Cruciate Ligament Injury and Repair in Dogs

Cruciate Ligament Injury and Repair in Dogs

 

Cruciate-ligament-diagram2The knee (stifle) joint of the dog is one of the weakest in the body.  The knee joint is relatively unstable because there is no interlocking of bones in the joint.  Instead, the two main bones, the femur and tibia, are joined with several ligaments.  Just as athletes (football players, in particular) frequently suffer knee injuries, the dog also has knee injuries.  The most common injury of the knee is a rupture of the cranial cruciate ligament (CCL – in humans it is called an anterior cruciate ligament or ACL).  When the CCL is torn, instability occurs that allows the bones to move in an abnormal fashion in relation to one another, causing damage to the joint cartilage.

 

Causes

In younger dogs, rupture of the CCL is usually the result of trauma to the stifle joint.  In some cases, the ligament may only partially tear; however, this will eventually lead to complete tearing of the ligament.  When CCL rupture occurs in older dogs, it is most frequently initiated by a progressive degenerative change in the ligament with eventual total rupture. Therefore the dog does not have to do anything extraordinary  to cause the tear.  Often they are running in the back yard, plant the foot for a turn, and the ligament breaks.

A special note is appropriate concerning the dog’s weight.  Obesity or excessive weight can be a strong contributing factor in cruciate rupture.  The ligament may become weakened due to carrying too much weight; this causes it to tear easily.  Obesity will make the recovery time much longer, and it will make the other knee very susceptible to cruciate rupture.  If your dog has a weight problem, there are prescription diets that can be used to assist weight reduction.

Clinical Signs

Rupture of the CCL is most common in middle aged and older dogs, particularly those that are overweight house pets.  Dogs with a ruptured CCL are usually lame and may refuse to bear weight on the affected leg.  As the acute pain subsides, most dogs become more willing to bear weight, but some degree of lameness remains.

Diagnosis

The most reliable means of diagnosing this injury is to move the femur and tibia in a certain way to demonstrate the instability.  This movement is called a “drawer sign.”  It can usually be demonstrated with the dog awake.  If the dog is very painful, has very strong leg muscles, or is uncooperative, it may be necessary to use sedation in order to examine the joint adequately.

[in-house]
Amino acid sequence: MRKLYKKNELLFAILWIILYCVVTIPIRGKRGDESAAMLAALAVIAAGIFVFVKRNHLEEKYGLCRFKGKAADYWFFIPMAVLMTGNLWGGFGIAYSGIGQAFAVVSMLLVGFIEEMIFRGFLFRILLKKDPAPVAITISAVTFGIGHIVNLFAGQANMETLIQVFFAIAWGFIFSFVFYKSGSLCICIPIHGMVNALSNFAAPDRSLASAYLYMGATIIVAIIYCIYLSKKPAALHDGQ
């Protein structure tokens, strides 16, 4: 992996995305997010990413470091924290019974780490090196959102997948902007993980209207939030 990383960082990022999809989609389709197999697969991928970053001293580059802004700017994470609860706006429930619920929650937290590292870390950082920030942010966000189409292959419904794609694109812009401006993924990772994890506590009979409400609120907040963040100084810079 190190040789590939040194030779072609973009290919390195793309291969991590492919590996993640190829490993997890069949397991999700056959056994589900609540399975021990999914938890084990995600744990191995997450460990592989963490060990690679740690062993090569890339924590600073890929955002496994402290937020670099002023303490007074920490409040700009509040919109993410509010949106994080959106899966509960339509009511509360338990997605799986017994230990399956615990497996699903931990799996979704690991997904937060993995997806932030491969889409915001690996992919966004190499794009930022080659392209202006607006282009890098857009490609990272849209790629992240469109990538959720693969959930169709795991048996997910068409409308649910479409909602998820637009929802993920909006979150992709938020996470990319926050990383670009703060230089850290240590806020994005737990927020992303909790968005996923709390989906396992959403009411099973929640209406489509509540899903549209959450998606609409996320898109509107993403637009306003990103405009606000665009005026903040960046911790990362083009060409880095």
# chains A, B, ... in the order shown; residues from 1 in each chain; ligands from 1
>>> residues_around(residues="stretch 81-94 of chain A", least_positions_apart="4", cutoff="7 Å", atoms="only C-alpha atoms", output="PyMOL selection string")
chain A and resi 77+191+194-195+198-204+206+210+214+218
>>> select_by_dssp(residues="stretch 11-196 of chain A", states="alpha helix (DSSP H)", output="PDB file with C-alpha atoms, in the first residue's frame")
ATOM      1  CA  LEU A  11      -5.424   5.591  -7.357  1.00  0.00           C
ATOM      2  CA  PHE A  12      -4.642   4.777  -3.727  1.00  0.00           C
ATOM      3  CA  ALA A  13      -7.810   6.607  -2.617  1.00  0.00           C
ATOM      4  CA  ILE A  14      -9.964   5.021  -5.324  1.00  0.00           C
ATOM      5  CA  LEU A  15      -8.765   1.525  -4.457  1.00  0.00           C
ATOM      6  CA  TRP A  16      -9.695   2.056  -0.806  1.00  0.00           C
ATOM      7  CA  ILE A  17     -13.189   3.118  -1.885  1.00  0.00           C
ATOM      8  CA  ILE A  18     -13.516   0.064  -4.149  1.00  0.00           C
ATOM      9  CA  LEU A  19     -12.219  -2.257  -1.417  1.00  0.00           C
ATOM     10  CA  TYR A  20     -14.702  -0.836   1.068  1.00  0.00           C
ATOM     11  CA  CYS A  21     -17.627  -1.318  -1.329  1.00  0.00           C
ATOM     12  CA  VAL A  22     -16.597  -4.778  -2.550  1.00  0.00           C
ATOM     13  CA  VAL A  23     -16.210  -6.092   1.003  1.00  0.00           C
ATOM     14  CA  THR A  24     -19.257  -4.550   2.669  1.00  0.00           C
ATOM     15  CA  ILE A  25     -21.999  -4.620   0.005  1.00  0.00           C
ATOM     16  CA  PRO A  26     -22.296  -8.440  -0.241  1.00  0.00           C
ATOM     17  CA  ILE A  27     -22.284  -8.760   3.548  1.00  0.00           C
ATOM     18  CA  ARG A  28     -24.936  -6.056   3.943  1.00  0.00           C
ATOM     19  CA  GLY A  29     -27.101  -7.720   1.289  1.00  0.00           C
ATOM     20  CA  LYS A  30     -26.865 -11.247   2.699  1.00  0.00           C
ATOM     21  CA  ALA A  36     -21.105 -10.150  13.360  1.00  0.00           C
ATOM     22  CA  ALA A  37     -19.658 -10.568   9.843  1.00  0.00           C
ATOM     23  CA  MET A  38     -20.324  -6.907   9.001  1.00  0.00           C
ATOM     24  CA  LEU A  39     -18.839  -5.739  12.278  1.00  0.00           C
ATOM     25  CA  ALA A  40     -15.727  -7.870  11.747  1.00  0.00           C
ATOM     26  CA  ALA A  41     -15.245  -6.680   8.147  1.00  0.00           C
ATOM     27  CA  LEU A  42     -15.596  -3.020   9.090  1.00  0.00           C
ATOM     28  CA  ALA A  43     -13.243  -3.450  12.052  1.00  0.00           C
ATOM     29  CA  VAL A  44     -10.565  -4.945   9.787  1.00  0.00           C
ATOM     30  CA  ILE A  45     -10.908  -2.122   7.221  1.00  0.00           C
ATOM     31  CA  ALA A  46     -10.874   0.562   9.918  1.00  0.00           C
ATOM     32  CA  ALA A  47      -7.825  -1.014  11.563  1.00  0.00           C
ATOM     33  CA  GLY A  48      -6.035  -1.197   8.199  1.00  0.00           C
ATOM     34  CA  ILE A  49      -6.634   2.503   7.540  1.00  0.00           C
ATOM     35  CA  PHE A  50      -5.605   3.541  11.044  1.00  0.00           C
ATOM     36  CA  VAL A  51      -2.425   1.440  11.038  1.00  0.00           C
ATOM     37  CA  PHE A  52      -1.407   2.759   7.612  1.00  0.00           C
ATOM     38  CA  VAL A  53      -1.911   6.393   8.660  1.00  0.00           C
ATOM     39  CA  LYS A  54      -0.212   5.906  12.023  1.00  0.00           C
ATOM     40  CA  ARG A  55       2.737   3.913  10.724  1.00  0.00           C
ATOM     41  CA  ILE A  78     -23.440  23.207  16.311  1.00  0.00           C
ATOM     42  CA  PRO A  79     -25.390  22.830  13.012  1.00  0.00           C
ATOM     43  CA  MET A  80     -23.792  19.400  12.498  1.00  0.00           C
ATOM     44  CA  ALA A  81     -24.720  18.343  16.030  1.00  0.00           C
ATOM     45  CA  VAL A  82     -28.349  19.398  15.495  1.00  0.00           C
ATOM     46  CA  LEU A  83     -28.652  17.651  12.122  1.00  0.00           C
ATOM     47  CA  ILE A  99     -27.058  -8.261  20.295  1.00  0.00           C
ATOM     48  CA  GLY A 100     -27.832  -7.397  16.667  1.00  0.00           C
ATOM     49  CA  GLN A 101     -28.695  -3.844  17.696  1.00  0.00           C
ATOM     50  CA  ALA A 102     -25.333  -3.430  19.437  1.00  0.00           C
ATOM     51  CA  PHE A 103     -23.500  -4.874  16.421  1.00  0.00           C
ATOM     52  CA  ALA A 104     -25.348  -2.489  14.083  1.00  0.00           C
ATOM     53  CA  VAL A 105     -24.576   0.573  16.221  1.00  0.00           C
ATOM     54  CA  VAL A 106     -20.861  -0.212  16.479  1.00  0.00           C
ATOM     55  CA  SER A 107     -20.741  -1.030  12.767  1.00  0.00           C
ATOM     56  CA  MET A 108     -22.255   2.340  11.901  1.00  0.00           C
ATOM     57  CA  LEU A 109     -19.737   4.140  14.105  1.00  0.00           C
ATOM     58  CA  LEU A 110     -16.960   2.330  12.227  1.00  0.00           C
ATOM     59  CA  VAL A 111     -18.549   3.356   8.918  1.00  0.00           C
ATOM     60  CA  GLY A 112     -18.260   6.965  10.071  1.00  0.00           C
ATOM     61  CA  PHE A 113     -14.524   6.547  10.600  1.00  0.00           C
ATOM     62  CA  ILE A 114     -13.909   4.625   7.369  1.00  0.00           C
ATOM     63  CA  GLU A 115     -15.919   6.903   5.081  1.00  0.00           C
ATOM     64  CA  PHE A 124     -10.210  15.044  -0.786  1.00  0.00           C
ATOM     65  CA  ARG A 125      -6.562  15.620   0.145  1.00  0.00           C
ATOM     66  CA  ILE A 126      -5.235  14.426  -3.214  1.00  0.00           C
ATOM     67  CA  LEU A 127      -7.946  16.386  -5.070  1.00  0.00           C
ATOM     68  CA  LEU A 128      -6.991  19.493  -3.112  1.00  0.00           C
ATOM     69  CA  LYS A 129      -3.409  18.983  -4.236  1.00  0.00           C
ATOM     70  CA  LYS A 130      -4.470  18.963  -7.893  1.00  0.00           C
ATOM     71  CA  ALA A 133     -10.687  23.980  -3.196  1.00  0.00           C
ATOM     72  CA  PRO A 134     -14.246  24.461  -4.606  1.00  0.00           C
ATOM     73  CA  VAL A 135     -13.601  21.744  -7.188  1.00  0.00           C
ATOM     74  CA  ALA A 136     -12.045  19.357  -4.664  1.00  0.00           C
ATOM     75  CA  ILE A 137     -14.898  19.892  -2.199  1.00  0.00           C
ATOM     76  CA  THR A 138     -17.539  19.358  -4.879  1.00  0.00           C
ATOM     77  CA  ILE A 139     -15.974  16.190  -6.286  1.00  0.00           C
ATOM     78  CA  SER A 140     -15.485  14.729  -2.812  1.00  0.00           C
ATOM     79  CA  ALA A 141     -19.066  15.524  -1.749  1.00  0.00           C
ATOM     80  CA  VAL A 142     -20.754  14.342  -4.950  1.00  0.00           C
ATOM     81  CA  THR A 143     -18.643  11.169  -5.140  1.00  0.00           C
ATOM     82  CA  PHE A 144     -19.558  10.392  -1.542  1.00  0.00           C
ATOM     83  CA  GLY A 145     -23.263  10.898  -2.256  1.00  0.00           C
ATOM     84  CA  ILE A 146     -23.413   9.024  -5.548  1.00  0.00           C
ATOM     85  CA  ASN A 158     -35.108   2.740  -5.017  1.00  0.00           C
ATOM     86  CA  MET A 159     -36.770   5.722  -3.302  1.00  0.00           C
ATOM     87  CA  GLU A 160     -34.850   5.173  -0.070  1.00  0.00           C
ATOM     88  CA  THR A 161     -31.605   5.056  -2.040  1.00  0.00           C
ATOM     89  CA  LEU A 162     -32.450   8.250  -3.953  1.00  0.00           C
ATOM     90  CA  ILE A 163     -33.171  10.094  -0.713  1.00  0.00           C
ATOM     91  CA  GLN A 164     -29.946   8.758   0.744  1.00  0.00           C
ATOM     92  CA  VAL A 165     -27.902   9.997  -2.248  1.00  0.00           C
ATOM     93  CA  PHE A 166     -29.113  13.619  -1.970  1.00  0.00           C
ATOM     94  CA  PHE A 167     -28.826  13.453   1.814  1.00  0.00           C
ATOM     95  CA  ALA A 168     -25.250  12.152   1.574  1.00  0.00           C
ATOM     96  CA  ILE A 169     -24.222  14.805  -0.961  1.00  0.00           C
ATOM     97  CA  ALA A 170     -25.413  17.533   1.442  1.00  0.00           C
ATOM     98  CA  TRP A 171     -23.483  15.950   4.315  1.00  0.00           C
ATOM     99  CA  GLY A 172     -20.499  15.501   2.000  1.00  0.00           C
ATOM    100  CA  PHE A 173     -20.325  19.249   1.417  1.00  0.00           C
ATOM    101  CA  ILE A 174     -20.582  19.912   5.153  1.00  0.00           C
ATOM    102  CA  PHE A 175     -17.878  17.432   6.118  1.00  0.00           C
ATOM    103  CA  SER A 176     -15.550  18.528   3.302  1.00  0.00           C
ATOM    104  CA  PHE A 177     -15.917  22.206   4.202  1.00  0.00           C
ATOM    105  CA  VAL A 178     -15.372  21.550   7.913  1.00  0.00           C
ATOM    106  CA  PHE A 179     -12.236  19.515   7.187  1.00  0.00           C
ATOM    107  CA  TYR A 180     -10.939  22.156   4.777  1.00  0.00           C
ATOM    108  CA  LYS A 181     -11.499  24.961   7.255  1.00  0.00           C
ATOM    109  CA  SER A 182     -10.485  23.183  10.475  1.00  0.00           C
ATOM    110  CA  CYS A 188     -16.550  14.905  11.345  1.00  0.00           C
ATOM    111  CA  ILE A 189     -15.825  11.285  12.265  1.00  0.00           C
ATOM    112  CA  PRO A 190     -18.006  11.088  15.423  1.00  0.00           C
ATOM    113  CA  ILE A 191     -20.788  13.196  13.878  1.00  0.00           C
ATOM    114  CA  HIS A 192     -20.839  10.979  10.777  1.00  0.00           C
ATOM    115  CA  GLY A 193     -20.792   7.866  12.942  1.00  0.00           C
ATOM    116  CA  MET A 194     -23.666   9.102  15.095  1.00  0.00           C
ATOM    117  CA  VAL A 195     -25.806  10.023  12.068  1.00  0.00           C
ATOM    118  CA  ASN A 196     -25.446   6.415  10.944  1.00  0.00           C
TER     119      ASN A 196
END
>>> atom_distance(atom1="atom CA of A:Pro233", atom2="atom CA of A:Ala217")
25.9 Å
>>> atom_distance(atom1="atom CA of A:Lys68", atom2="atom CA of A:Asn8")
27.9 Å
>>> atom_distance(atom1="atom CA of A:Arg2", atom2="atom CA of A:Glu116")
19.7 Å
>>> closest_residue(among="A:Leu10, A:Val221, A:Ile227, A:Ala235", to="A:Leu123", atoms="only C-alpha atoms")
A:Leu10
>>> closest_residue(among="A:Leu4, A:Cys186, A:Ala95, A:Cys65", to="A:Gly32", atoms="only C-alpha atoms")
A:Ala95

Occasionally, the injury that causes a ruptured anterior cruciate ligament will also result in tearing of one of the menisci or “cartilages.”  At the time of surgery, these are examined and removed if necessary.

Treatment

Small dogs may get enough stability in the joint to avoid surgery, but in most cases, correction of CCL rupture is going to require a surgical repair.  There are three primary ways to correct this problem.

cruciate extracapsular repair

Extracapsular Repair

 

 

 

Extracapsular Repair-  After removing the damaged ligament, the surgeon can insert a replacement ligament and stabilize the joint so it functions normally or near normally.  This synthetic ligament or suture is placed outside the joint capsule.

 

 

 

Angle post TTA

Tibial Tuberosity Advancement (TTA)

 

 

Tibial Tuberosity Advancement (TTA)-  In this procedure, the boney insertion of the patellar tendon (called the tibial tuberosity) is advanced forward to take the shear forces out of the joint.  Once that is done, there is no need for the cruciate ligament any more.  This procedure is favored in larger dogs because of the chance that the artificial ligament could break.

 

 

 

Tangent-Patellar Tendon Angle

Tibial Plateau Leveling Osteotomy

 

 

 

Tibial Plateau Leveling Osteotomy (TPLO)-  This is similar to the TTA, except the top of the tibial (tibial plateau) is rotated to remove the shear forces.

 

 

 

 

 

Prognosis

Occasionally, small dogs that have a ruptured cruciate ligament will become sound (will no longer limp), even if surgery is not performed.  However, in dogs over 30 pounds, progressive, degenerative arthritis will usually develop without surgery.  Once these degenerative changes are established, the lameness cannot be corrected, even with surgery.

 

Dr. Jeff Godwin and Dr. Stephen Joiner at Animal Medical Clinic have been performing cruciate surgery for over 30 years, and have seen techniques change and improve over time. Following proper and prompt surgical correction using today’s techniques, most dogs walk and run without any lameness; however, some may have a mild limp or lameness associated with cold and damp weather.